roots of correlation-based complexity
Tales of a cool device, bogeyman code, plus multiscale time and values.
Notes on layered niche-networks for the May 2006 Understanding Complexity meeting at UIUC. Notes and paper from a talk at the 2005 meeting.
"Net surprisals ala Tribus: correlations from reversible thermalization" (poster/MS for ICCS 2004 in Quincy MA, May 2004).
"Heat capacity in bits" in Amer J Phys 71, 11 (2003) 1142-1151 in the long-standing tradition of Missouri researchers (including E. T. Jaynes) applying gambling theory to physical systems.
AAPT summer 2003 talk notes.
How about courses with few prereqs on everyday inventions, or informatics?
|The physical role of uncertainty
about the state of a system in
its environment has become increasingly
apparent since work by Claude Shannon on noise in
communication lines in the late 1940's. It has
guided error-correction in phone communications,
the development of data-compression methods (e.g.
ZIP and GIF files on your computer), and
the development of tools for tracking the evolution
of information in genetic codes (e.g. mitochondrial
DNA) as well as ideas (see the article on
letters in the June 2003 issue of Scientific American).
Now it's moving into areas relevant to
the future of computers, and provides a
common physical framework for considering such
disparate issues as energy conservation, maintenance
of genetic diversity within and between species,
and the future of cultural diversity in the face
of increasingly rapid means
for communication and transportation.
In a paper for AJP, the most prestigous but also least understandable physics education journal, researchers at UM-StL examined how these developments impact our understanding of simpler things e.g. why temperature is a useful concept, or how the heat capacity of water changes as it cools from gas to liquid to solid form. In the process, one discovers that temperature is a measure of the energy needed to decrease the mutual information about a system of molecules by one bit, and heat capacity measures the number of bits of information lost per two-fold increase in temperature. Although these insights are unlikely to affect the way weather is reported on the morning news anytime soon, they are already providing insight for students into the physical laws that underlie complex systems ranging from lasers, through computers, to human communities. One set of connections in this regard is illustrated below...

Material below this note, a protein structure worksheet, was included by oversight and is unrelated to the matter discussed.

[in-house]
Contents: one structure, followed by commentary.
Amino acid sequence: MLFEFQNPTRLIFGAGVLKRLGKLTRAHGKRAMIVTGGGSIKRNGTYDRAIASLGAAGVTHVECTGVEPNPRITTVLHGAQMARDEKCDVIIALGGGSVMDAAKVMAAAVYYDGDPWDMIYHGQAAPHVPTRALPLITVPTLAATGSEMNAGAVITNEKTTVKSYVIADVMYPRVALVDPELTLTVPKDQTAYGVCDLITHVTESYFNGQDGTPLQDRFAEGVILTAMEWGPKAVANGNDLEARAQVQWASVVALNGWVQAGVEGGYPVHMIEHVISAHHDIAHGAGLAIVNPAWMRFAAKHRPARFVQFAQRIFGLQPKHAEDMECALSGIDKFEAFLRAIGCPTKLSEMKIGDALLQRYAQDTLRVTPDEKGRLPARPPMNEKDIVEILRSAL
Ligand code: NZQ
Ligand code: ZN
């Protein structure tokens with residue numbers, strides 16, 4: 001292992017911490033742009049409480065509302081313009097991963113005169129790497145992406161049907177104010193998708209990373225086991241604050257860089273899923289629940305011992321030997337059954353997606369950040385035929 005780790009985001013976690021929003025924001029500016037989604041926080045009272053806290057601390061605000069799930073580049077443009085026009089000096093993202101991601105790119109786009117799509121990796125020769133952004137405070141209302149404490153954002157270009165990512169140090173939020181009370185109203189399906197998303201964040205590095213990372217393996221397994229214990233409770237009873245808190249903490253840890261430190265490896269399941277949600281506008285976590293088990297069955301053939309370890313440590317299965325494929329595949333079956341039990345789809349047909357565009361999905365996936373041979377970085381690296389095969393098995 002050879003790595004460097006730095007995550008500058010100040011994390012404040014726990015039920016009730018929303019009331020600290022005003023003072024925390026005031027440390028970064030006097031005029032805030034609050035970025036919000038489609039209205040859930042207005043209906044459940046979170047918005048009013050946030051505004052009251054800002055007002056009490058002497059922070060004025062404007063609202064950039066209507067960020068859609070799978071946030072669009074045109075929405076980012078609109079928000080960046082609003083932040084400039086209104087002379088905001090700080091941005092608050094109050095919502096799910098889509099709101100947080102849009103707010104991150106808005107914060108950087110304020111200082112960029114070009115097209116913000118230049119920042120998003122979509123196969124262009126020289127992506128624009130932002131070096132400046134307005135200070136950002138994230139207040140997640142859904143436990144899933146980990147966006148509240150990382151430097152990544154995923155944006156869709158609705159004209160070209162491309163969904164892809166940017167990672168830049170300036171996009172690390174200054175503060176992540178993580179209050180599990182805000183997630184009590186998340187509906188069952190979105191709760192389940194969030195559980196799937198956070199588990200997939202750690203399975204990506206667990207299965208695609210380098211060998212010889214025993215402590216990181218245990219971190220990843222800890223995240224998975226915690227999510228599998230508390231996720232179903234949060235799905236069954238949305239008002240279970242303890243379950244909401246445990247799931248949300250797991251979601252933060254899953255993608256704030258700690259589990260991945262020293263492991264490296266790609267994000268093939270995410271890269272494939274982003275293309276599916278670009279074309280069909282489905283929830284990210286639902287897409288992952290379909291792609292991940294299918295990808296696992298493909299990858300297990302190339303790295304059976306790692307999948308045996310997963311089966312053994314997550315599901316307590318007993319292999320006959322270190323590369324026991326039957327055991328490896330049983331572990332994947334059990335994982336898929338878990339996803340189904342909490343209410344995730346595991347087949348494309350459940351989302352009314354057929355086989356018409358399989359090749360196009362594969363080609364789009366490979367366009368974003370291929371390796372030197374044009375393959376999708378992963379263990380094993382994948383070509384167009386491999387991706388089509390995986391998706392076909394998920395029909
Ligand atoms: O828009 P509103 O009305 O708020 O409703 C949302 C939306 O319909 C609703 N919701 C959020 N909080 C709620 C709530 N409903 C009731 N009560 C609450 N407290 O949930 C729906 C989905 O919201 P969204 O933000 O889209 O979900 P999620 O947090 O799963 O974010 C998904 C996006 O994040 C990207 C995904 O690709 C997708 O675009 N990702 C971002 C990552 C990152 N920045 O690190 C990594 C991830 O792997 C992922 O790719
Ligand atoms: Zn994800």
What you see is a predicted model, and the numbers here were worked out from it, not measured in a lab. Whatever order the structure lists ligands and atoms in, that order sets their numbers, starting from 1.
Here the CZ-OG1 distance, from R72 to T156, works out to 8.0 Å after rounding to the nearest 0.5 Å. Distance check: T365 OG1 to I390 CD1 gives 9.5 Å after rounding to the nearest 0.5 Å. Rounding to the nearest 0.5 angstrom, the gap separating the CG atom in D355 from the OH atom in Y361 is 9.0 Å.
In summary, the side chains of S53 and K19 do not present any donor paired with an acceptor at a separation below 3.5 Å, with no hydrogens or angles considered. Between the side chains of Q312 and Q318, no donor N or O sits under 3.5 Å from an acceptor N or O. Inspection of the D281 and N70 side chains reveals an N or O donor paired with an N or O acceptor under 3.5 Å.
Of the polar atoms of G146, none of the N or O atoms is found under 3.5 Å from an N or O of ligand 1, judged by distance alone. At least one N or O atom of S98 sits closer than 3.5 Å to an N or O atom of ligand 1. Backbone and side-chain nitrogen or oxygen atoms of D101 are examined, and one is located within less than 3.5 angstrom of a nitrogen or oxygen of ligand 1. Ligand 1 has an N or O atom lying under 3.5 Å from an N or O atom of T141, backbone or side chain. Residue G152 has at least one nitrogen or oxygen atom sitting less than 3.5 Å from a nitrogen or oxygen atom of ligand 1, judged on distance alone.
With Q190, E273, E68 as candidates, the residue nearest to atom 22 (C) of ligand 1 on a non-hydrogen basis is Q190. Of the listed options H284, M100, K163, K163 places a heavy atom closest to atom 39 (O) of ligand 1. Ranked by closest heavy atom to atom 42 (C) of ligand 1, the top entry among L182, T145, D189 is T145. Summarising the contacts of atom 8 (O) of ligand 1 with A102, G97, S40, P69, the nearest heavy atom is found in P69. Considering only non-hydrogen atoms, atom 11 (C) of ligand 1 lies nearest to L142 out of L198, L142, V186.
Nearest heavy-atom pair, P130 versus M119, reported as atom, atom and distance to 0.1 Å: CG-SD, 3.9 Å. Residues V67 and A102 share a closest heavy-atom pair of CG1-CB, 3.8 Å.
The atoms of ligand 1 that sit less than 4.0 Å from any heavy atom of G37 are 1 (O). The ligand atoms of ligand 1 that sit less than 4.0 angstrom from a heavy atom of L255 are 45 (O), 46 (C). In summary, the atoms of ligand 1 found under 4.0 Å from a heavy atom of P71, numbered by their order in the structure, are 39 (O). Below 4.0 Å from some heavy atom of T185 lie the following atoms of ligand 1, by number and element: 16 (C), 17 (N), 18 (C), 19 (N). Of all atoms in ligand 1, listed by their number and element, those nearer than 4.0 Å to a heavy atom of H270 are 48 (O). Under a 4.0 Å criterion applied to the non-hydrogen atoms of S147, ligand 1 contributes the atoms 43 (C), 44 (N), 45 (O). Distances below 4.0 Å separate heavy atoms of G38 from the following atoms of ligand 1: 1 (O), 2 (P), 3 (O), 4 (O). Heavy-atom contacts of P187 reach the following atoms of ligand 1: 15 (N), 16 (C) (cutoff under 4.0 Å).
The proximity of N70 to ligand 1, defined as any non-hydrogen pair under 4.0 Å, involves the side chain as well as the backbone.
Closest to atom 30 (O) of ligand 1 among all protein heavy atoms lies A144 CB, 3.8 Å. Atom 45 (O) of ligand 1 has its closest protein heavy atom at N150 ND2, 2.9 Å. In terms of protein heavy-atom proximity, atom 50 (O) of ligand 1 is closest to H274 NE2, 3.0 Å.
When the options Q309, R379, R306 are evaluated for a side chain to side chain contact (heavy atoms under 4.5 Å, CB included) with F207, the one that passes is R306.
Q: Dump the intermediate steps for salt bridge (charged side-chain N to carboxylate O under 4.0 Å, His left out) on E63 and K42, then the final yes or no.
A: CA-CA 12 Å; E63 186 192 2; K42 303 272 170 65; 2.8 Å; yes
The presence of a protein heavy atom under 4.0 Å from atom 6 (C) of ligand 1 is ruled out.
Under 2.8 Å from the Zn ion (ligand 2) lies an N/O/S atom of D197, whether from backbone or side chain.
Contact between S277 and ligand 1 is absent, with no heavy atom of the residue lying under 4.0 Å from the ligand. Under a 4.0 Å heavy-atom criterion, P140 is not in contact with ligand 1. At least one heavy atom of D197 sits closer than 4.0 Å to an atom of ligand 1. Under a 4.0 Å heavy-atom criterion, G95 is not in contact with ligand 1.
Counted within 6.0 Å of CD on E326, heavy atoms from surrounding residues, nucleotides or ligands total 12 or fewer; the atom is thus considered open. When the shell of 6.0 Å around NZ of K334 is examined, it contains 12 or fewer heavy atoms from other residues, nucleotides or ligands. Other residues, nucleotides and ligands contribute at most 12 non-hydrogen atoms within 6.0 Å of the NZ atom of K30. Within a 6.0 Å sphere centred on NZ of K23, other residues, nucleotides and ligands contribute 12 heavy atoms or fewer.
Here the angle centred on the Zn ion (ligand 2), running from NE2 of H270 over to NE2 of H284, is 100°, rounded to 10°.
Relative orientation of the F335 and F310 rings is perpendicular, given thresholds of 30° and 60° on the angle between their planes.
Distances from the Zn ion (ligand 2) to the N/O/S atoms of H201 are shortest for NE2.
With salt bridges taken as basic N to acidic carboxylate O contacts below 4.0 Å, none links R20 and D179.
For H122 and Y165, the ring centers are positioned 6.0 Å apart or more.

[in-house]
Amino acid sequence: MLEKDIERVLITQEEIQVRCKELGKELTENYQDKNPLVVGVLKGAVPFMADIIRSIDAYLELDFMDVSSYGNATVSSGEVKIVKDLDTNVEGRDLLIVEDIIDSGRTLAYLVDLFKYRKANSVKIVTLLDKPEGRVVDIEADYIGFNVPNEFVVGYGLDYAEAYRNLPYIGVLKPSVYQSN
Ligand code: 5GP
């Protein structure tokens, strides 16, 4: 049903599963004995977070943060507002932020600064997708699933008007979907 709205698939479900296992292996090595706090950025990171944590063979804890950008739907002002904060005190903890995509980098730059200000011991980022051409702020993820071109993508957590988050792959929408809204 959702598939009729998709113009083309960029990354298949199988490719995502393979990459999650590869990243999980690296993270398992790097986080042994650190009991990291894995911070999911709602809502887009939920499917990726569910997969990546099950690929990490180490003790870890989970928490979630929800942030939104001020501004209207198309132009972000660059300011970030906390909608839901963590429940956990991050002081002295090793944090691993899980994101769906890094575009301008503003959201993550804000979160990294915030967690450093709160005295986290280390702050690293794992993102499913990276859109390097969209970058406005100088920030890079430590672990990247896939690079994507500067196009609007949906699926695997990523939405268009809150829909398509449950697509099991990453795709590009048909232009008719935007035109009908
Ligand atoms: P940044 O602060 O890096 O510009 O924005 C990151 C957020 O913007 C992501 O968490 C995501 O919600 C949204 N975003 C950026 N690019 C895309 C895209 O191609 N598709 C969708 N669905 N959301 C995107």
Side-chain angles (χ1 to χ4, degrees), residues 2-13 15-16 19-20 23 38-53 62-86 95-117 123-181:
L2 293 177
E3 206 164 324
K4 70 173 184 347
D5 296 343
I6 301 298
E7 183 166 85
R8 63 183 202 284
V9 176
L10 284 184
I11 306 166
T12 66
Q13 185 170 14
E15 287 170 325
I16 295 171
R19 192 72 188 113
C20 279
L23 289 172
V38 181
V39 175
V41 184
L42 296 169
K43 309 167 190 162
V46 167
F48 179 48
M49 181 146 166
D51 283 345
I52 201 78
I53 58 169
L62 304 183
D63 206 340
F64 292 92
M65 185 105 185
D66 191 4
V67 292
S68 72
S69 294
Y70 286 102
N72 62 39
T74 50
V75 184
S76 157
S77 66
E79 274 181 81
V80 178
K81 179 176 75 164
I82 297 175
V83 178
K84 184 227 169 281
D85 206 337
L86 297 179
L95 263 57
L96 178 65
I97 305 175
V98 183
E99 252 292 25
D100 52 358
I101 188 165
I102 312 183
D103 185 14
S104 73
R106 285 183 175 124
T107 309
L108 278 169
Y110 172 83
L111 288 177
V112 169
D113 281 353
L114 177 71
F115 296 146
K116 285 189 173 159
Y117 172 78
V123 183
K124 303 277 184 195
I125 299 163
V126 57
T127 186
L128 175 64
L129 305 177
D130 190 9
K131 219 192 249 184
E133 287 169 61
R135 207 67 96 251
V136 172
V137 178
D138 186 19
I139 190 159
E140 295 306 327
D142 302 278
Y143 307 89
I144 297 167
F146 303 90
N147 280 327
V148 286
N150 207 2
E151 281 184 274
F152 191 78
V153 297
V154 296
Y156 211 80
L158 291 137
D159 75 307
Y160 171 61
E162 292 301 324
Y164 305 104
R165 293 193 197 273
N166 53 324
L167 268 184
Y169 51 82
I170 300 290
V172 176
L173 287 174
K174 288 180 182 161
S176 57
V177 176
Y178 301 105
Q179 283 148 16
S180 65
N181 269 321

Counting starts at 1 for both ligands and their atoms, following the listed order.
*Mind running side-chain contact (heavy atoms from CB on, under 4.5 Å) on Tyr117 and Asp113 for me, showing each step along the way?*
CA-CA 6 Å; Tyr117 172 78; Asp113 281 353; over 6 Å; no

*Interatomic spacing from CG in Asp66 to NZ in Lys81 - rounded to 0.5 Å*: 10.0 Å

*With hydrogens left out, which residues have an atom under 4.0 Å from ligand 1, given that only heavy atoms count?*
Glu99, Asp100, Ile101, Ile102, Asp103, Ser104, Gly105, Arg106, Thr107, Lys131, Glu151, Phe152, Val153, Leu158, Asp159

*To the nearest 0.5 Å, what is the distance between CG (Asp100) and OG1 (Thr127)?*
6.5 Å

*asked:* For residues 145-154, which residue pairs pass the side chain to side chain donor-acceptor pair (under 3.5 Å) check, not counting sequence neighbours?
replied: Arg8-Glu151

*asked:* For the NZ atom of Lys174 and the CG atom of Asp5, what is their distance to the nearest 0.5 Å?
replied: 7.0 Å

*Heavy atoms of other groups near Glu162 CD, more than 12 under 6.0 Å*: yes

Nano-detective challenges for students in
St. Louis Science Cyberville splash screen for our Oct 2005 nanoday, links for a 2006 book chapter on nanoed, an intro-chem nanochallenge, and a web journal for peer reviewing empirical observation reports.
A web/lab course in nanoscale science practicals
Savannah 2004 poster
Recent NSF proposal summary
Some variable size scale adventure links.
AAPT crackerbarrel on deep simplifications
|Nano-exploration can serve up a rich source of modern-day inquiry-based empirical observation challenges to science students at all levels, if their classes have some form of access to the world-wide web. We are therefore working to develop resources accessible to teachers at the grass-roots level, to bring figures in existing textbooks to life with content-modernizing opportunities for student exploration, reporting, and peer review which make use of real-world data and problem-solving techniques whenever possible.|
approaches to anyspeed motion
empower students and explode myths
"Live remote" spacetime explorer and artificial gravity laboratories for data acquisition by students in web-connected classrooms.
Note on introducing mechanics metric-smart from day one.
An anyspeed acceleration applet.
Storylines for use of these tools in existing courses.
Many of our notes for teachers are archived in citable form. The collection single-frame views of spacetime is an exception.
Roadmap to content modernization on this site.
Which of the following is fact and not fiction?
"When traveling from point A to B, objects travel
over all possible paths at once provided they are not being watched."
"Wristwatch time passes more quickly
for a couch potato, since from a map-frame's perspective
we travel at lightspeed through time only when we're
not traveling through space."
"Absent external forces, traveling objects tend to
follow paths from A to B that result in the maximum amount of aging
during the course of the trip." "Practical
consequences of these arcane
facts (to your everyday life) already exist and will increase in
If any of these assertions sound ridiculous to you, then you have some
pleasant surprises to look forward to since nature is indeed stranger than
most of us can imagine. Moreover, insight into this strangeness
is becoming easier thanks to recent followup work on "deep
simplifications" first offered by Richard Feynman
and Hermann Minkowski in the first half of the last century. In particular...
Allpaths/Action/Aging approaches to introducing the quantum-mechanical causes of motion (even in curved spacetime) under development for introductory classes, e.g. by E. F. Taylor at MIT, are complemented by map-based (single-frame metric-based) "anyspeed" descriptions of motion being refined at UM-StL. One element of these approaches is to "maximize insight while minimizing misconceptions" from the beginning. The work at UM-StL, using Minkowski's spacetime version of Pythagoras' theorem to define anyspeed variables and rules (referenced to a coordinate-grid and clocks co-moving with a selected "map-frame"), shows students with few to no prerequisites how: